VANCOUVER – Oral tofacitinib for adults with moderate to severe plaque psoriasis demonstrated sustained efficacy and a “generally manageable” safety profile throughout 2 years of follow-up in a large, multicenter ongoing long-term extension study, Dr. Matthias Augustin reported at the World Congress of Dermatology.
One month after enrolling in the phase III, open-label trial (known as OPT Extend), and going on the investigational oral Janus kinase inhibitor at 10 mg b.i.d., 56.2% of the 2,847 participants showed a PASI 75 response – that is, at least a 75% reduction from their baseline Psoriasis Area and Severity Index score. After 2 years in the OPT Extend study, 64.5% of the 1,912 patients remaining in the study were PASI 75 responders.
Similarly, 56.3% of patients went from moderate or severe disease at baseline to “clear” or “almost clear” by Physician Global Assessment (PGA) at 1 month, and 53.9% of participants had a PGA score of 0 or 1 at 24 months, added Dr. Augustin, professor of dermatology at the University of Hamburg-Eppendorf and director of the German Center for Health Services Research in Dermatology and Nursing.
Psoriasis patients who had participated in any of four earlier phase III or two phase II randomized, controlled trials of tofacitinib were eligible to participate in OPT Extend. Participants were placed on tofacitinib at 10 mg b.i.d. for the first 2 months of the open-label study; then investigators adjusted their dose individually – either 5 or 10 mg b.i.d. – at each follow-up visit based on efficacy and side effects. For purposes of OPT Extend, patients’ baseline PASI and PGA scores were defined as the values recorded on the day they were randomized in the earlier round of trials.
Through 2 years of follow-up in this interim analysis of OPT Extend, less than 10% of subjects discontinued tofacitinib because of adverse events. The adverse events were the same as the ones that arose in the earlier, briefer randomized trials, the longest of which lasted 1 year. No signs of cumulative organ toxicity were evident during the additional follow-up.
Slightly more than 4% of all adverse events were categorized as severe, while 62% were mild. The most frequent adverse events were nasopharyngitis in 16% of patients, increased creatinine phosphokinase in 10%, and upper respiratory tract infections in 7%. Serious infections requiring systemic antibiotics or hospitalization occurred in 1.8% of patients on tofacitinib for 2 years, the most common of which were pneumonia, herpes zoster, and urinary tract infection. Herpes zoster occurred in 3.5% of participants, with most cases being mild or moderate. Malignancies other than nonmelanoma skin cancers occurred in 1.2% of subjects.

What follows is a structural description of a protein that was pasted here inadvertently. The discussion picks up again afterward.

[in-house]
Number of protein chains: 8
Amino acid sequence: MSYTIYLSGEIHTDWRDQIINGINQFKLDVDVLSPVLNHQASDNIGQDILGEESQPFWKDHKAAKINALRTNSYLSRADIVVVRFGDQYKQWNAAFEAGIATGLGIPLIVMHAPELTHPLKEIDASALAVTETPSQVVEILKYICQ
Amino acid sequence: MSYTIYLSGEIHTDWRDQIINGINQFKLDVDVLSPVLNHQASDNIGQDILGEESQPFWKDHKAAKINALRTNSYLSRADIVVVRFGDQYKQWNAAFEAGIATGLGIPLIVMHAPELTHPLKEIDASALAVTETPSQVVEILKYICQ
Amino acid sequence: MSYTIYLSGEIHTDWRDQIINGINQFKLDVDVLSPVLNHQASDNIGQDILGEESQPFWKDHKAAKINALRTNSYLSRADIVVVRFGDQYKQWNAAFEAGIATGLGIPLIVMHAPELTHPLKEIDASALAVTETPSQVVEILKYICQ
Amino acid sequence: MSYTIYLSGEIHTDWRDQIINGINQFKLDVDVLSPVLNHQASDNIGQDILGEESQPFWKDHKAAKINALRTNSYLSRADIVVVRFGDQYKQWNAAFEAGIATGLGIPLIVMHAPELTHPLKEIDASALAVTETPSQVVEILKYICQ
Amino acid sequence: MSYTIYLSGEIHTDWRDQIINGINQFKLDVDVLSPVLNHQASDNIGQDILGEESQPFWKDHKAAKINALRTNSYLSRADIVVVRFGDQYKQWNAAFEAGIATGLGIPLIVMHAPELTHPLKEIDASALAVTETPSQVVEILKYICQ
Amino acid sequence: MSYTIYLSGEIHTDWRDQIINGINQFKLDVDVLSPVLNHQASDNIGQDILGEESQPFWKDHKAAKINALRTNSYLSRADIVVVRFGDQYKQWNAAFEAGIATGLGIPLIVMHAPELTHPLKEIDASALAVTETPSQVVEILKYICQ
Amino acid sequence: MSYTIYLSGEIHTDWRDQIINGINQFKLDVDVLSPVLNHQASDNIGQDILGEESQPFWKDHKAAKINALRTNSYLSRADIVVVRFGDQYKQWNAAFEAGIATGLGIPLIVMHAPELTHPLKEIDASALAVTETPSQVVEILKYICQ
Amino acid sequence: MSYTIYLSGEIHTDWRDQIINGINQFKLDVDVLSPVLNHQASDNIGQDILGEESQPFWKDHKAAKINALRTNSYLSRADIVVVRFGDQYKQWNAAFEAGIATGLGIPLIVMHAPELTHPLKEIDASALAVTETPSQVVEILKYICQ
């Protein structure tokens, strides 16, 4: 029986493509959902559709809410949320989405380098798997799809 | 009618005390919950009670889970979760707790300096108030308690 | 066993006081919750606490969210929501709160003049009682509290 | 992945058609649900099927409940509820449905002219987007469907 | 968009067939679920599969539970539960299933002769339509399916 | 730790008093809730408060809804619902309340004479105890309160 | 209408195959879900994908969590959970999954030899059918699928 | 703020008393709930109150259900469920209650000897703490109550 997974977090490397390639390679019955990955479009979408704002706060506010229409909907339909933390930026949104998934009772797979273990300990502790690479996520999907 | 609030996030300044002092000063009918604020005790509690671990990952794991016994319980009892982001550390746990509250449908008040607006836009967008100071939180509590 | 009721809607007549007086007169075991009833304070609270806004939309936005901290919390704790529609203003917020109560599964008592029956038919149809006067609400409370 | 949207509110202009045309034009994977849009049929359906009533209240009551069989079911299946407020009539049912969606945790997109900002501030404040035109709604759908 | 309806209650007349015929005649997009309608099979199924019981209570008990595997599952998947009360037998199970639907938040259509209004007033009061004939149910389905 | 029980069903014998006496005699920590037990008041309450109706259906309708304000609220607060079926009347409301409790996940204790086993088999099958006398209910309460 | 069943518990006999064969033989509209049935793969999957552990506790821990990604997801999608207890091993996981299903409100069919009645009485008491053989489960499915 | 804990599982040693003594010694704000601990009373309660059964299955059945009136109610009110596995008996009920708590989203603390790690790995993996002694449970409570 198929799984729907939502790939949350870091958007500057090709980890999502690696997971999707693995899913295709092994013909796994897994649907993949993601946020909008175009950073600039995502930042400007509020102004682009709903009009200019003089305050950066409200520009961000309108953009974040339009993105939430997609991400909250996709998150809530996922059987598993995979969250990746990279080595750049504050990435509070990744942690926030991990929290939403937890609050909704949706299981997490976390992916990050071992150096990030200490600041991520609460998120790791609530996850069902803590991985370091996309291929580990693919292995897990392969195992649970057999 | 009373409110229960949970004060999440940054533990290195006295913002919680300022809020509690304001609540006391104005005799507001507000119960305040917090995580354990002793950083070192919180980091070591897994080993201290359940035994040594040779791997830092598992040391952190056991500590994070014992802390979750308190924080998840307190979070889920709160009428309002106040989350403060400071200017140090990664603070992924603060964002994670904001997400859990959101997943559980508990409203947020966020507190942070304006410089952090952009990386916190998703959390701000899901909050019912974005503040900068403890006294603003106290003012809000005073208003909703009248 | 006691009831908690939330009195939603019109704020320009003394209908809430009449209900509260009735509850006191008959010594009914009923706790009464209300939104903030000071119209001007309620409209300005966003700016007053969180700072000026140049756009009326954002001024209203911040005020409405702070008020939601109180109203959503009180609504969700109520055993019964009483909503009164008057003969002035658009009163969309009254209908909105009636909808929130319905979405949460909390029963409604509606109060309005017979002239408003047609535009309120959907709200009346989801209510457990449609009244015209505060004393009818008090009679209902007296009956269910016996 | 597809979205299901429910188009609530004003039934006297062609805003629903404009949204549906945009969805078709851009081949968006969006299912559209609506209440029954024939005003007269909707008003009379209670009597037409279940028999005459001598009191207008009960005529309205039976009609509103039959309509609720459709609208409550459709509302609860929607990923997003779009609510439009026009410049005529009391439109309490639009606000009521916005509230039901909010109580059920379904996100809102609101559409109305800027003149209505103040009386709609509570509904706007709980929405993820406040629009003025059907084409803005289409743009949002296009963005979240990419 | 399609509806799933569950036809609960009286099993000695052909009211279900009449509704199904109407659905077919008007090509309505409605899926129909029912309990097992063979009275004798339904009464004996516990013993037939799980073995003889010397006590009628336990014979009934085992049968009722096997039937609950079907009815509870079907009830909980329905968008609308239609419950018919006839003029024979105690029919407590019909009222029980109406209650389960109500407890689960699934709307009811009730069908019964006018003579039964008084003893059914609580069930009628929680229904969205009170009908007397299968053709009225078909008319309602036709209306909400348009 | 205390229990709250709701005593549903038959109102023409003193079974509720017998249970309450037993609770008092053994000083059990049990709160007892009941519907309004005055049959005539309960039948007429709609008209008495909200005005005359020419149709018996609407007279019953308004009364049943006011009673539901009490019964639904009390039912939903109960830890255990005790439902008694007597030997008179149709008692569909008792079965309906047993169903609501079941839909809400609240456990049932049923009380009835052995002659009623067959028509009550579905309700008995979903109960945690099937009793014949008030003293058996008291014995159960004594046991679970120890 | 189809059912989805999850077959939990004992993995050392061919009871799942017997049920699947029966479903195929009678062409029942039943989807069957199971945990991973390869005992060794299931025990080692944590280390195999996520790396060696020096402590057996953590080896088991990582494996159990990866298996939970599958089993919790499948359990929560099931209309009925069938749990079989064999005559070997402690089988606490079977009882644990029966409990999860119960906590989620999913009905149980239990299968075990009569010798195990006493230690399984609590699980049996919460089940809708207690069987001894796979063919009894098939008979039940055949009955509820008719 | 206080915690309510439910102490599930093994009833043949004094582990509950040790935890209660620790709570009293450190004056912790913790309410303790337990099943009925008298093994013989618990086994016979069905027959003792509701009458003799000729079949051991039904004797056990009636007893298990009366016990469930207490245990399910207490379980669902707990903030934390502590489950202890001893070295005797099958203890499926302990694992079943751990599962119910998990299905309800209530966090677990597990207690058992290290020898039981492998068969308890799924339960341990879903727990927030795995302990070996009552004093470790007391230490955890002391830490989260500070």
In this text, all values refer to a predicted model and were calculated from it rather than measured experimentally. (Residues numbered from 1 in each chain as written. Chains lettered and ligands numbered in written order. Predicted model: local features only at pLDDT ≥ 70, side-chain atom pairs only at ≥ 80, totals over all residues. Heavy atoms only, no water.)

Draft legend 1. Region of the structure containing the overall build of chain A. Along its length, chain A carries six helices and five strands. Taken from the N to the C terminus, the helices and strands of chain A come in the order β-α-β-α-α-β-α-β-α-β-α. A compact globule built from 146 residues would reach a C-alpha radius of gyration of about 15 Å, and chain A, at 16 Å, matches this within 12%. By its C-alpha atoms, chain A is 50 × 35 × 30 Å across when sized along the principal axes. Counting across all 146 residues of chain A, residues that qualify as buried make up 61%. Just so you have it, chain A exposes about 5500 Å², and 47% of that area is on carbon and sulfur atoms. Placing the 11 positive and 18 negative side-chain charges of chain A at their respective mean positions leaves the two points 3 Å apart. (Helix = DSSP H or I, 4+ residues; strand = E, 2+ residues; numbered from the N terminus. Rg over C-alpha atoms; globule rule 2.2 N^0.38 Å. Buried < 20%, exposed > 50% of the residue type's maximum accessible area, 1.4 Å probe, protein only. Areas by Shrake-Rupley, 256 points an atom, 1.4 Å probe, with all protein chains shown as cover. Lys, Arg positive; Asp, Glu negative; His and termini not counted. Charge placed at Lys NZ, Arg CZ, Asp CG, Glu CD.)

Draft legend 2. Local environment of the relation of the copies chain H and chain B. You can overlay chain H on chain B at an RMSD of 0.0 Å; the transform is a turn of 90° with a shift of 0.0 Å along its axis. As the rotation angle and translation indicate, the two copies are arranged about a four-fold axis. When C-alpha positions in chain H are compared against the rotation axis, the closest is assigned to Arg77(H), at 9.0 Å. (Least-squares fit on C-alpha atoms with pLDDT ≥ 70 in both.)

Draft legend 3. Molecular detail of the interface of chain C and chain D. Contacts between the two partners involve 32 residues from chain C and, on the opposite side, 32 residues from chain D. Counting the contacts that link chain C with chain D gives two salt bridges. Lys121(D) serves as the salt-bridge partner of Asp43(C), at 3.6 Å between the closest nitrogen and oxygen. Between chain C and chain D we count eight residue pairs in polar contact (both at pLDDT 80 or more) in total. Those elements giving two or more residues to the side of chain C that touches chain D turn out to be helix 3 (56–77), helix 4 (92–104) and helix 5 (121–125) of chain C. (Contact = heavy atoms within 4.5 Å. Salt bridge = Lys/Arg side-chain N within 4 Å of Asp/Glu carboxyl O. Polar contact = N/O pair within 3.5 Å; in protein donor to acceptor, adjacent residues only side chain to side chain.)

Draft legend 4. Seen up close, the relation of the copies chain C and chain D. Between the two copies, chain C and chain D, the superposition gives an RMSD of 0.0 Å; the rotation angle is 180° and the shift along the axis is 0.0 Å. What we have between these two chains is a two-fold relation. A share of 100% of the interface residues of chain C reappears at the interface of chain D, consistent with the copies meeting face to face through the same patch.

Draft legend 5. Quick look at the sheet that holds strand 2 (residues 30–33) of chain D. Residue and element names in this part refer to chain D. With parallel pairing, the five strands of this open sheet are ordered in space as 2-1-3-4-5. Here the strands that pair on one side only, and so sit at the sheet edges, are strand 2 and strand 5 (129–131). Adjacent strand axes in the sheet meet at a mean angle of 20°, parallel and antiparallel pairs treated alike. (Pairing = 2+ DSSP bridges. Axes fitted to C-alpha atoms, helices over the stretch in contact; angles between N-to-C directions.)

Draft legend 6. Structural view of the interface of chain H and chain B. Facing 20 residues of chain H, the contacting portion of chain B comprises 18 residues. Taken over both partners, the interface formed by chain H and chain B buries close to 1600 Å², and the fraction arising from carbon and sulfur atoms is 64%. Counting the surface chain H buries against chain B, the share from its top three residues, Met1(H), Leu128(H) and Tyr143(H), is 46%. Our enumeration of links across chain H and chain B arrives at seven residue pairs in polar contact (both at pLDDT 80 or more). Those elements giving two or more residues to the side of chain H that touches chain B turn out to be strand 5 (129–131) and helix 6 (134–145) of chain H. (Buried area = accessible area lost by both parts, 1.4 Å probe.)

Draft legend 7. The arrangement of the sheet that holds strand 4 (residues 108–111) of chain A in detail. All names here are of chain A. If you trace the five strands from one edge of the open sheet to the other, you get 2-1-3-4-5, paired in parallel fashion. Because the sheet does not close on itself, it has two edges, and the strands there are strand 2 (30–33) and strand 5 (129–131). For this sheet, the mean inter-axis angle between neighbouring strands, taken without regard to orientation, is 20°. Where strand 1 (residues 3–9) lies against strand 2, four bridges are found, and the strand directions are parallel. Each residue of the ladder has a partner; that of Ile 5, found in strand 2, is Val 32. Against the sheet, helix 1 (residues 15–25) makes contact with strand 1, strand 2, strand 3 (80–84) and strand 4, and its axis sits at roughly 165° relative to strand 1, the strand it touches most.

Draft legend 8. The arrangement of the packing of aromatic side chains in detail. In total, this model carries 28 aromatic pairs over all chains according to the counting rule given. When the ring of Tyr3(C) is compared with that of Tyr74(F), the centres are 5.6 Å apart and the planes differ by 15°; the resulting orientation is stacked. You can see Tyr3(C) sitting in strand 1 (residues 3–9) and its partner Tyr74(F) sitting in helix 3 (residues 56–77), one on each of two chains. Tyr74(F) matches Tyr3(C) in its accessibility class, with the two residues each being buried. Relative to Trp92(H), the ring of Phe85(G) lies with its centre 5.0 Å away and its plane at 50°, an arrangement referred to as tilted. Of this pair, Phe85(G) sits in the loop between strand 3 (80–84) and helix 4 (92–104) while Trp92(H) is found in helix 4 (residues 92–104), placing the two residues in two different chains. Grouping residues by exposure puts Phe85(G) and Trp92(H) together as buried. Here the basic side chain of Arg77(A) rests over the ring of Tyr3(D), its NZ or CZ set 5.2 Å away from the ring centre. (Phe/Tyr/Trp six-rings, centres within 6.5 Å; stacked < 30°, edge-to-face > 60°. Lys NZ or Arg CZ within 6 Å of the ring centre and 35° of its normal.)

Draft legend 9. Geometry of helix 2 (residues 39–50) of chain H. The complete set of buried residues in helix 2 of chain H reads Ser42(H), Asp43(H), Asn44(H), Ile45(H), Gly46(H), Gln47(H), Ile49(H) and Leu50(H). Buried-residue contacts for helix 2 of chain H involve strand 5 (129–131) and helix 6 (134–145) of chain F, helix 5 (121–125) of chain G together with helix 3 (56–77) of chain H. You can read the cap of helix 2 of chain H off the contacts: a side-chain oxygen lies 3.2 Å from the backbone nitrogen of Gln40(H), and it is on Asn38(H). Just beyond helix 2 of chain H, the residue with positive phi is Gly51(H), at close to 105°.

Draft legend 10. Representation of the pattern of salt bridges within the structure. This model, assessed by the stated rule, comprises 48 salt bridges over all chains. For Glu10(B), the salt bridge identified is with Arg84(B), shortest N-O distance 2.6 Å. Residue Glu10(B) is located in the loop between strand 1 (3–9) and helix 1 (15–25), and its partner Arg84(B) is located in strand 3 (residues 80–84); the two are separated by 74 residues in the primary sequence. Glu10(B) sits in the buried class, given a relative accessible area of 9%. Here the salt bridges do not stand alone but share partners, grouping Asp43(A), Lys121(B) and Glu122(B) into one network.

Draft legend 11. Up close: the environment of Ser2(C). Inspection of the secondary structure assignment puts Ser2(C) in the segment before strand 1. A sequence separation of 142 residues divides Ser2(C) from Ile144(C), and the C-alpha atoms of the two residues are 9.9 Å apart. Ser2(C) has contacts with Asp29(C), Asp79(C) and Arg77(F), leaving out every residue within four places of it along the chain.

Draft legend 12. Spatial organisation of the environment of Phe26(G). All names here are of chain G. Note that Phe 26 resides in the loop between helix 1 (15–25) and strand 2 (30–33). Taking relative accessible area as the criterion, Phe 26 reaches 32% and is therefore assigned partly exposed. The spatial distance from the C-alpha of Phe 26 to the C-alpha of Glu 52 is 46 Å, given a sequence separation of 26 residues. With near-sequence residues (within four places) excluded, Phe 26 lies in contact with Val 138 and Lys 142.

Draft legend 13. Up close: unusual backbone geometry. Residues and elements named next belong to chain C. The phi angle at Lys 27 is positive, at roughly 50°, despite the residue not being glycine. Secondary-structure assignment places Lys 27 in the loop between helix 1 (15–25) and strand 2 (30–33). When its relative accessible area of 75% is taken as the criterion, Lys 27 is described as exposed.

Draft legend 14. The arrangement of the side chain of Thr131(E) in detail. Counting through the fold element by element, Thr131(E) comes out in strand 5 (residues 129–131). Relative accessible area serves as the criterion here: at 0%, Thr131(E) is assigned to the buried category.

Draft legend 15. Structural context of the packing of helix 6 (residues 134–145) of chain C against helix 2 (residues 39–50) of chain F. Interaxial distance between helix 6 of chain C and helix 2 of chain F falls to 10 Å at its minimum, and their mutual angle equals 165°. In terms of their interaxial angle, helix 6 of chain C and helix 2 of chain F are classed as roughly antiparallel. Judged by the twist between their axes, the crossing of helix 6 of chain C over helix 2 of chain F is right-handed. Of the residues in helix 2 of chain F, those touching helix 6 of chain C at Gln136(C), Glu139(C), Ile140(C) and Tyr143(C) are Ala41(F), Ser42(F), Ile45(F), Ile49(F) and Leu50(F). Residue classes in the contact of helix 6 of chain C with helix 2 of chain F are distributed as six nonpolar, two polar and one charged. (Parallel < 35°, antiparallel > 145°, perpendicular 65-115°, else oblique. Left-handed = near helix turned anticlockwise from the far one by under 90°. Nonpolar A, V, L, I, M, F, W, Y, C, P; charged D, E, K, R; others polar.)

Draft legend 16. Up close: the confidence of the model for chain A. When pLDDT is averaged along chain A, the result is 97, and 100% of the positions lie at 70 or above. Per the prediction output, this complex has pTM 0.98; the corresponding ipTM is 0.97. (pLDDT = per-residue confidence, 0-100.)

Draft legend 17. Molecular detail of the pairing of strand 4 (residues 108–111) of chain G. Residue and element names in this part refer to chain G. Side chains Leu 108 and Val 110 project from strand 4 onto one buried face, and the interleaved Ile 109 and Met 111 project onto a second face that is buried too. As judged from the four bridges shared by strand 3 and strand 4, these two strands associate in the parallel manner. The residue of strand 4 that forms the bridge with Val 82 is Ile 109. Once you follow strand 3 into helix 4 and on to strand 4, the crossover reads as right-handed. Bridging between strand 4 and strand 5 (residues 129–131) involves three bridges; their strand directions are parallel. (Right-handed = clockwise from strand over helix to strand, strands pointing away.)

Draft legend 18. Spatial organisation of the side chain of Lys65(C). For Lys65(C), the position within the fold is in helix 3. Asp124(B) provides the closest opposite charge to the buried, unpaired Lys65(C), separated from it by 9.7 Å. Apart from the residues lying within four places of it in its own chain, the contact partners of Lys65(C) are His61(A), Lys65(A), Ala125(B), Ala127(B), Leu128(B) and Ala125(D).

In terms of laboratory findings of interest, patients’ LDL/HDL ratio remained stable throughout 24 months on tofacitinib. Nor were there any clinically meaningful changes in average levels of other laboratory parameters, including hemoglobin, creatinine phosphokinase, lymphocytes, and neutrophils. A lymphocyte count below 500/mm3 occurred in 0.4% of patients at some point; however, it was unrelated to duration of exposure to tofacitinib and wasn’t linked to an increased infection rate.
Dr. Augustin said an unmet need exists for effective and nontoxic oral medications for moderate to severe psoriasis, because many patients would prefer not to take an injectable biologic. Tofacitinib is aimed at filling that need, and serving as an easier, less toxic initial therapy. However, it is essential that an optimal oral agent have a favorable safety profile because psoriasis is a lifelong disease with an average lifetime duration in excess of 40 years in adults and more than 60 years in affected children, he said.
Pfizer, which is developing the drug, has filed for marketing approval for tofacitinib for treatment of adults with moderate to severe chronic plaque psoriasis who are candidates for systemic therapy or phototherapy. The Food and Drug Administration has announced its intent to issue a ruling on the application in October 2015.
The OPT Expect study is funded by Pfizer. Dr. Augustin is an adviser to and/or a recipient of research grants from Pfizer and more than a dozen other medical companies.